Despite the Twitterer-in-Chief labeling everything he doesn't agree with as "fake news," news is still news, and facts are still facts. Journalism lives on, and I think it's being challenged in a very healthy way. Provided it figures out how to pay for itself without compromising traditionally held values in journalism, we could be on the verge of a new golden age for it.
I've been dissatisfied with the state of journalism for years. As much as the president bitches and moans about the press (mostly because it doesn't satisfy his vanity), he owes his election to the press for not asking any real hard questions or calling out his lies and gaslighting of reality. That doesn't mean that there was a total lack of journalism occurring. Even CNN got things right now and then, as did the other TV networks. The New York Times and Washington Post in particular did a solid job in reporting during the last year. In fact, I was particularly energized by the talk at SXSW from the NYT, enough that I subscribed at their 50% off rate. I've been reading it fairly regularly now for a month or so, to varying degrees.
What have I learned? More than anything, is that there are always deeper stories, way more nuance and complexity in the world than our culture seems willing to embrace. This isn't a discovery, per se, as much as it is a reminder. Americans have been very keyed into soundbites for all of my life, but they seem to be even worse in the era of "like and share." I think the press that goes deep is reasonably good at exposing all sides of politics, despite accusations of liberal bias. If you buy into that bias allegation, I would invite you to go back and look into their investigative pieces on Hillary Clinton's email nonsense, which was very thorough, even if it mostly exposed poor judgment. At the same time, the public doesn't understand the difference between "the media" and "the press."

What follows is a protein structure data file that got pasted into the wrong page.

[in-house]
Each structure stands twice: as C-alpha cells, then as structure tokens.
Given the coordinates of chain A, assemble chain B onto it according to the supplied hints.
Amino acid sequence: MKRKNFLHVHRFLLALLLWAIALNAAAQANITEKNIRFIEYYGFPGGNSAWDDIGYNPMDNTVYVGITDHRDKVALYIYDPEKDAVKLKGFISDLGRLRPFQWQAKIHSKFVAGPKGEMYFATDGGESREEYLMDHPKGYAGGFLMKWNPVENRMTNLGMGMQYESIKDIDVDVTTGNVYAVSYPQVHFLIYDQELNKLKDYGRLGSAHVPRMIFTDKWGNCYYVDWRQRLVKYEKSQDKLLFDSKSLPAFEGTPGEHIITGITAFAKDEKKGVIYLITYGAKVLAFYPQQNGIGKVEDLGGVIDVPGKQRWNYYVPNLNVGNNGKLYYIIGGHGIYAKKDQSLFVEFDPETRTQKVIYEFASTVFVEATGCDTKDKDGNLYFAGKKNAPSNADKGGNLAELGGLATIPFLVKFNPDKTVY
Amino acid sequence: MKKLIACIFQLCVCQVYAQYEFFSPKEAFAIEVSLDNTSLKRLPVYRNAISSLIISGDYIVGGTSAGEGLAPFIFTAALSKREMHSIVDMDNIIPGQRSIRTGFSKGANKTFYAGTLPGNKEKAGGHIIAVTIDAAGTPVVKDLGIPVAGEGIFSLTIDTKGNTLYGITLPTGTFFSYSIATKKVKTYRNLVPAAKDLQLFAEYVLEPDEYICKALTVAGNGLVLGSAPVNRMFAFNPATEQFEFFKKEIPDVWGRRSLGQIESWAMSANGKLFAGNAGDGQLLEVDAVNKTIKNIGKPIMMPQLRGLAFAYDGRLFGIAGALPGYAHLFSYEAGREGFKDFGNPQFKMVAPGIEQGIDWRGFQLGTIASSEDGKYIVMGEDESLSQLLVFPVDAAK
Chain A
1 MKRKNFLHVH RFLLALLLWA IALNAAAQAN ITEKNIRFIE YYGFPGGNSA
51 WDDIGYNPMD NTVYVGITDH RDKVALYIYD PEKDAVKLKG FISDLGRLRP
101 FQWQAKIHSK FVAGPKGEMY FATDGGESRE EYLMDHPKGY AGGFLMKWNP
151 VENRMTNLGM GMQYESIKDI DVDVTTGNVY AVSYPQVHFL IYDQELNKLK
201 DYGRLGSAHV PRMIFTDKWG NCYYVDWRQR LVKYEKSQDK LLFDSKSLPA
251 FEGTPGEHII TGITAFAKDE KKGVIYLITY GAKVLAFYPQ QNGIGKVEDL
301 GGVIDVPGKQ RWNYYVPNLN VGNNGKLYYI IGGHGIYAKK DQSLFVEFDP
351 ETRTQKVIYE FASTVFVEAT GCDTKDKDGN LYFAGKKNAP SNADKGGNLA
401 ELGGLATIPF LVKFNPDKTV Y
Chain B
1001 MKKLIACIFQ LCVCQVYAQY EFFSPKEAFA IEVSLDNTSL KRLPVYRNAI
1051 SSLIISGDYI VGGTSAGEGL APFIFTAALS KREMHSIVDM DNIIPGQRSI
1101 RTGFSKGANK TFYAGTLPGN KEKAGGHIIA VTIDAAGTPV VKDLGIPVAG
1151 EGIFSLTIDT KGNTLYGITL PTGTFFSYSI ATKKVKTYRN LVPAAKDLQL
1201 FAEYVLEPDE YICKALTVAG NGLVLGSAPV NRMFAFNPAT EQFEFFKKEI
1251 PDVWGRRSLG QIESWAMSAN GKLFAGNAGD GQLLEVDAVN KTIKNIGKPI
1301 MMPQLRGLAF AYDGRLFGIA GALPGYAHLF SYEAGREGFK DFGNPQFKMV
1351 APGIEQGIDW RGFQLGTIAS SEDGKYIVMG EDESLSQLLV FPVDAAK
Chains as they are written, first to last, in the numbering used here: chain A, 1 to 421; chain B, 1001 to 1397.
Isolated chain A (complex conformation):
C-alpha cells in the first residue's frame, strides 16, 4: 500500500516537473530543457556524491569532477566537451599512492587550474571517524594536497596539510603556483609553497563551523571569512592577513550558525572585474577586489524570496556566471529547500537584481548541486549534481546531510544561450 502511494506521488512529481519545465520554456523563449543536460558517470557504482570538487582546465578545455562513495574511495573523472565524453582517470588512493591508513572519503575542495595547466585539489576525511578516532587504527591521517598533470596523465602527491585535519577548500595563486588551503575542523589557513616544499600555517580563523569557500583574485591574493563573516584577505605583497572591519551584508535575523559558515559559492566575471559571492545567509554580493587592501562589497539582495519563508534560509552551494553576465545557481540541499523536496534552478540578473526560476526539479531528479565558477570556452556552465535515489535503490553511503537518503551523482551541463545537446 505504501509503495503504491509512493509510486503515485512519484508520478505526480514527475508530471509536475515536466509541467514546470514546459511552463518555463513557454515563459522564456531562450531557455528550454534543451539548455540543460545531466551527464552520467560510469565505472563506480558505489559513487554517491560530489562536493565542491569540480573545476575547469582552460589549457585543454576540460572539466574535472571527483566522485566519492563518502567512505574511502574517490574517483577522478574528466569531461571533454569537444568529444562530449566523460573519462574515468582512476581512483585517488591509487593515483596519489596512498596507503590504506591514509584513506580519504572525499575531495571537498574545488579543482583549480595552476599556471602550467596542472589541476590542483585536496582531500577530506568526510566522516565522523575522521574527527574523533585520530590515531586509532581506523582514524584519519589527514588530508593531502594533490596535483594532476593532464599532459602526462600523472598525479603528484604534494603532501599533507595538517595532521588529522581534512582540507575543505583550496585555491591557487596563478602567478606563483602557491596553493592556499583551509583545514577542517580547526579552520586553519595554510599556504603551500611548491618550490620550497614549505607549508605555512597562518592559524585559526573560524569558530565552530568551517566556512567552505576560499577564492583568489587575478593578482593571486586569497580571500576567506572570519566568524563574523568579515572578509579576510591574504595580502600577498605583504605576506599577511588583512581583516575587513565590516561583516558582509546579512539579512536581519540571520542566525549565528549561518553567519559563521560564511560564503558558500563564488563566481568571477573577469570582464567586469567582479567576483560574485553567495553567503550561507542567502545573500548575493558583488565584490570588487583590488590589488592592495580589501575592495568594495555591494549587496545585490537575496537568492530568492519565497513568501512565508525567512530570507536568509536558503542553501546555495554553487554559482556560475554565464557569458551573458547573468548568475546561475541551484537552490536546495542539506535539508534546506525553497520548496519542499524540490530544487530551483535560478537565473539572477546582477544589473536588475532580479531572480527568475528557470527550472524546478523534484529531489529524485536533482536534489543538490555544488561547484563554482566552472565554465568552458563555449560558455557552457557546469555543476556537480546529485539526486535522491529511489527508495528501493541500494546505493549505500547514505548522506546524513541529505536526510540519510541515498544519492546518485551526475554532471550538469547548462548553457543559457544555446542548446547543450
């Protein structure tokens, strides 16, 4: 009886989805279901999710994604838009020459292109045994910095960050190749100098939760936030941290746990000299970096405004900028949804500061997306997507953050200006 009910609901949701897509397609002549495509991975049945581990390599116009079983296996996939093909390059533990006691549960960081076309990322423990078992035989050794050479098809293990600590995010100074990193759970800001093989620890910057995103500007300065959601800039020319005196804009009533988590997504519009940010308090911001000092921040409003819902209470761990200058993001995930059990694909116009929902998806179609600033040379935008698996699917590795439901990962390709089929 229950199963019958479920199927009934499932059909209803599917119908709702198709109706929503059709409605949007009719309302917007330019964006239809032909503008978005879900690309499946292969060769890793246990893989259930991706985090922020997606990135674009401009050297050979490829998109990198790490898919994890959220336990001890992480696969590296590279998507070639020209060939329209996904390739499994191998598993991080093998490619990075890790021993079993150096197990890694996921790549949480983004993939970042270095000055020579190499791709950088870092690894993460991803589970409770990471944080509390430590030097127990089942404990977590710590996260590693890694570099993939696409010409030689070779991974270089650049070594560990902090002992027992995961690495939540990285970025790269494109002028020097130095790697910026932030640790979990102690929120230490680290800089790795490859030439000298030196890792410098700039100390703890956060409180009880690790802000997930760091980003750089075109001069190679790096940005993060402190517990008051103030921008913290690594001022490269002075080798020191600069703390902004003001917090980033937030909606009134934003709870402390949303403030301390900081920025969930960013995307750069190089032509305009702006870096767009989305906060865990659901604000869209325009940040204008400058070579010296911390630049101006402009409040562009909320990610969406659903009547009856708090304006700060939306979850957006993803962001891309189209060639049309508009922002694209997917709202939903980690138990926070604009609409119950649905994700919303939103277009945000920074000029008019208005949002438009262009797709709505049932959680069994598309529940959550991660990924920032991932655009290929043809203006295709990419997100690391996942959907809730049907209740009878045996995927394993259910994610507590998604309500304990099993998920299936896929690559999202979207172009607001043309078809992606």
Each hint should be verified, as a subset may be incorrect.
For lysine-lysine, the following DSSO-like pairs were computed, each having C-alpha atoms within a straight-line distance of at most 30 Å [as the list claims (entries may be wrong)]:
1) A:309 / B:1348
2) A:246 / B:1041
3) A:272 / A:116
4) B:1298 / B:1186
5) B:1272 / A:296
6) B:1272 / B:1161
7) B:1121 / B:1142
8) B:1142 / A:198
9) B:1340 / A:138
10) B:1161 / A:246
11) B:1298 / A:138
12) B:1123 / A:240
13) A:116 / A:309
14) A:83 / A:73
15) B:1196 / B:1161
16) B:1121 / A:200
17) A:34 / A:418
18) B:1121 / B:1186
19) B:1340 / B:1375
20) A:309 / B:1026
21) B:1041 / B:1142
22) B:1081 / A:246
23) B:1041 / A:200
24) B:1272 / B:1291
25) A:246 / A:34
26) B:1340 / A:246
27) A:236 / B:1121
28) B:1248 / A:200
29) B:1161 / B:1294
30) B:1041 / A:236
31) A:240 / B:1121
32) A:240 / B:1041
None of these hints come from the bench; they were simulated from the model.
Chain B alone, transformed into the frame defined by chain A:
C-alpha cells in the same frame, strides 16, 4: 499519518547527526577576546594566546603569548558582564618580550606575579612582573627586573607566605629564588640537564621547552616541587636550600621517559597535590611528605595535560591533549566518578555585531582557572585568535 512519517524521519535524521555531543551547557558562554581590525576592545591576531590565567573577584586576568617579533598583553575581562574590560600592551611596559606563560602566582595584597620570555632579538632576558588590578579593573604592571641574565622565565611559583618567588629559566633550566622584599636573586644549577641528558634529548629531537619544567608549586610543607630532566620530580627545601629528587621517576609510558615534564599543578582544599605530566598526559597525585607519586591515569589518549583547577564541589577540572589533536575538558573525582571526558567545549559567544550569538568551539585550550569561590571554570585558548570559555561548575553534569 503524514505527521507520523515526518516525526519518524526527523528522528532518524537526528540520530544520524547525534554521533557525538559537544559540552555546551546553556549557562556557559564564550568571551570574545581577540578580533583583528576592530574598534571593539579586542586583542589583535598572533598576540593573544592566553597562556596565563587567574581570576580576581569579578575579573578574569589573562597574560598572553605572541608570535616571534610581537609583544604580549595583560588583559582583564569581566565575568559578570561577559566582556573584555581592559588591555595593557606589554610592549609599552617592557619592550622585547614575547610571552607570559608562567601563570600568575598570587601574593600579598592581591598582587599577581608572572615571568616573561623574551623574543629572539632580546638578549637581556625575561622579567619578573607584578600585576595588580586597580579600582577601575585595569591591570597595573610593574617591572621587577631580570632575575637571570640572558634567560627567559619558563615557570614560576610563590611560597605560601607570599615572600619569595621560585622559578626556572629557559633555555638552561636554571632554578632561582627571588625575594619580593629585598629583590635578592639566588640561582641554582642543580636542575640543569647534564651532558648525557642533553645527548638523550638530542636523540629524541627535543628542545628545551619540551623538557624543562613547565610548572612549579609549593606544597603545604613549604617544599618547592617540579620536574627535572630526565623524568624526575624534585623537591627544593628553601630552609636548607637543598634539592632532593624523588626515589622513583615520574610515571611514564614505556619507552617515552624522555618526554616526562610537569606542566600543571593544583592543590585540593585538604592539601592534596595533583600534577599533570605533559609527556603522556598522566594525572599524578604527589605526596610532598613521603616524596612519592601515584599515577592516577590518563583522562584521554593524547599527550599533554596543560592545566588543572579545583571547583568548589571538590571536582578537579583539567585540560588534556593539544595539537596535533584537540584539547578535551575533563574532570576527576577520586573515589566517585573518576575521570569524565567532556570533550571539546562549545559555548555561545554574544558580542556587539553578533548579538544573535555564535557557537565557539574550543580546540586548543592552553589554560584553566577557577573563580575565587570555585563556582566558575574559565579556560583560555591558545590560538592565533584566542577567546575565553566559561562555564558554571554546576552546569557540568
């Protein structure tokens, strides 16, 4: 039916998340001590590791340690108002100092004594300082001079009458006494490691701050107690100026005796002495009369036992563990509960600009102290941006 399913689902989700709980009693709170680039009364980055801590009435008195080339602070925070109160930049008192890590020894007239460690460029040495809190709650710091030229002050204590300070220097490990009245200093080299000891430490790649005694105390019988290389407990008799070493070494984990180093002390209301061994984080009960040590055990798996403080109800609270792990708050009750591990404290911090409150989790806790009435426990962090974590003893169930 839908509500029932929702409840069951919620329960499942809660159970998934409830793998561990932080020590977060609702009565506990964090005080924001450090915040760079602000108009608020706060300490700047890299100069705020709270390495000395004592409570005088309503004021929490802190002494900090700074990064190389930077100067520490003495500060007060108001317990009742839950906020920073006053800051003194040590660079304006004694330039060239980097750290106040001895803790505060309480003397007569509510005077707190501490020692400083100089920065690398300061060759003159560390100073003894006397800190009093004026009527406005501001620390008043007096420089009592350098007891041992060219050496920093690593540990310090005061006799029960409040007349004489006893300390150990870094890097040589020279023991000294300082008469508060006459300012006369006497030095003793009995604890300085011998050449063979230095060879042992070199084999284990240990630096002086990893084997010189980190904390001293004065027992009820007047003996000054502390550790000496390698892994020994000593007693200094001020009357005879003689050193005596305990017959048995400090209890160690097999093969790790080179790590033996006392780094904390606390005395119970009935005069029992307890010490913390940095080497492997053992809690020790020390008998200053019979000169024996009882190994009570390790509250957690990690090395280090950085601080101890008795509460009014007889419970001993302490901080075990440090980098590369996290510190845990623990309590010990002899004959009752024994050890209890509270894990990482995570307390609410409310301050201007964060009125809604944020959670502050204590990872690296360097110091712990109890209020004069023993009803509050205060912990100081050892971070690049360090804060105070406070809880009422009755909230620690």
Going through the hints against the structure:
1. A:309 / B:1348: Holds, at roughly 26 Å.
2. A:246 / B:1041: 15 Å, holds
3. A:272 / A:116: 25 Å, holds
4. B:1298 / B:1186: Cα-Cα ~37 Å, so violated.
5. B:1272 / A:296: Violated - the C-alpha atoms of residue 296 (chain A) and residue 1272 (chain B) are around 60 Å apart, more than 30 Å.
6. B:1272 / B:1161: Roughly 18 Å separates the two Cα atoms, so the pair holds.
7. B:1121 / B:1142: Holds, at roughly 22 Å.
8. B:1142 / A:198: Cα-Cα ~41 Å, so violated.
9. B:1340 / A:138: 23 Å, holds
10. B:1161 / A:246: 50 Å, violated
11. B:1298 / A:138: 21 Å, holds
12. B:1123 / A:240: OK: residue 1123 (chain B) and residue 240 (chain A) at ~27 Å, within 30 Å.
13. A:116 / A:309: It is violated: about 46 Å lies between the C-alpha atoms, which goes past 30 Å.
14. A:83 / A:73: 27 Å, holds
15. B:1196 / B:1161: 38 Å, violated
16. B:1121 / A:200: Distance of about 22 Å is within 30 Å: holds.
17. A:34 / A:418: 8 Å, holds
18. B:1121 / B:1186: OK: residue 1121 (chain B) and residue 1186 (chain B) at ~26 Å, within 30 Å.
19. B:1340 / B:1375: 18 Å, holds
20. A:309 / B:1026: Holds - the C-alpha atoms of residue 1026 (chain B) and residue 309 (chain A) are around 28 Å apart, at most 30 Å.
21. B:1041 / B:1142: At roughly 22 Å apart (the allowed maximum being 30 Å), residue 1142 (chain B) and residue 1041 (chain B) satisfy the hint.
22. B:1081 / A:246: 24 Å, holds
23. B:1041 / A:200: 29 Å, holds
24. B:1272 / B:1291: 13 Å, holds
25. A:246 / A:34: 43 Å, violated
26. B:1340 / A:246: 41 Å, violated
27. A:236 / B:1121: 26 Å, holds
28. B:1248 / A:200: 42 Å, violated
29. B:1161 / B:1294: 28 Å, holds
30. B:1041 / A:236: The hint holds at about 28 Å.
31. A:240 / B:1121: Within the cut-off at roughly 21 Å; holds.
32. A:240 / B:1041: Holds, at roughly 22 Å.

The NYT is not infallible, but it is dedicated to truth. I think it deserves our respect as an institution. The American press is a vital part of our way of life, and so important that it is guaranteed by the First Amendment. The press does not, and should not, deliver only the things that you want to hear, and you should not have that expectation.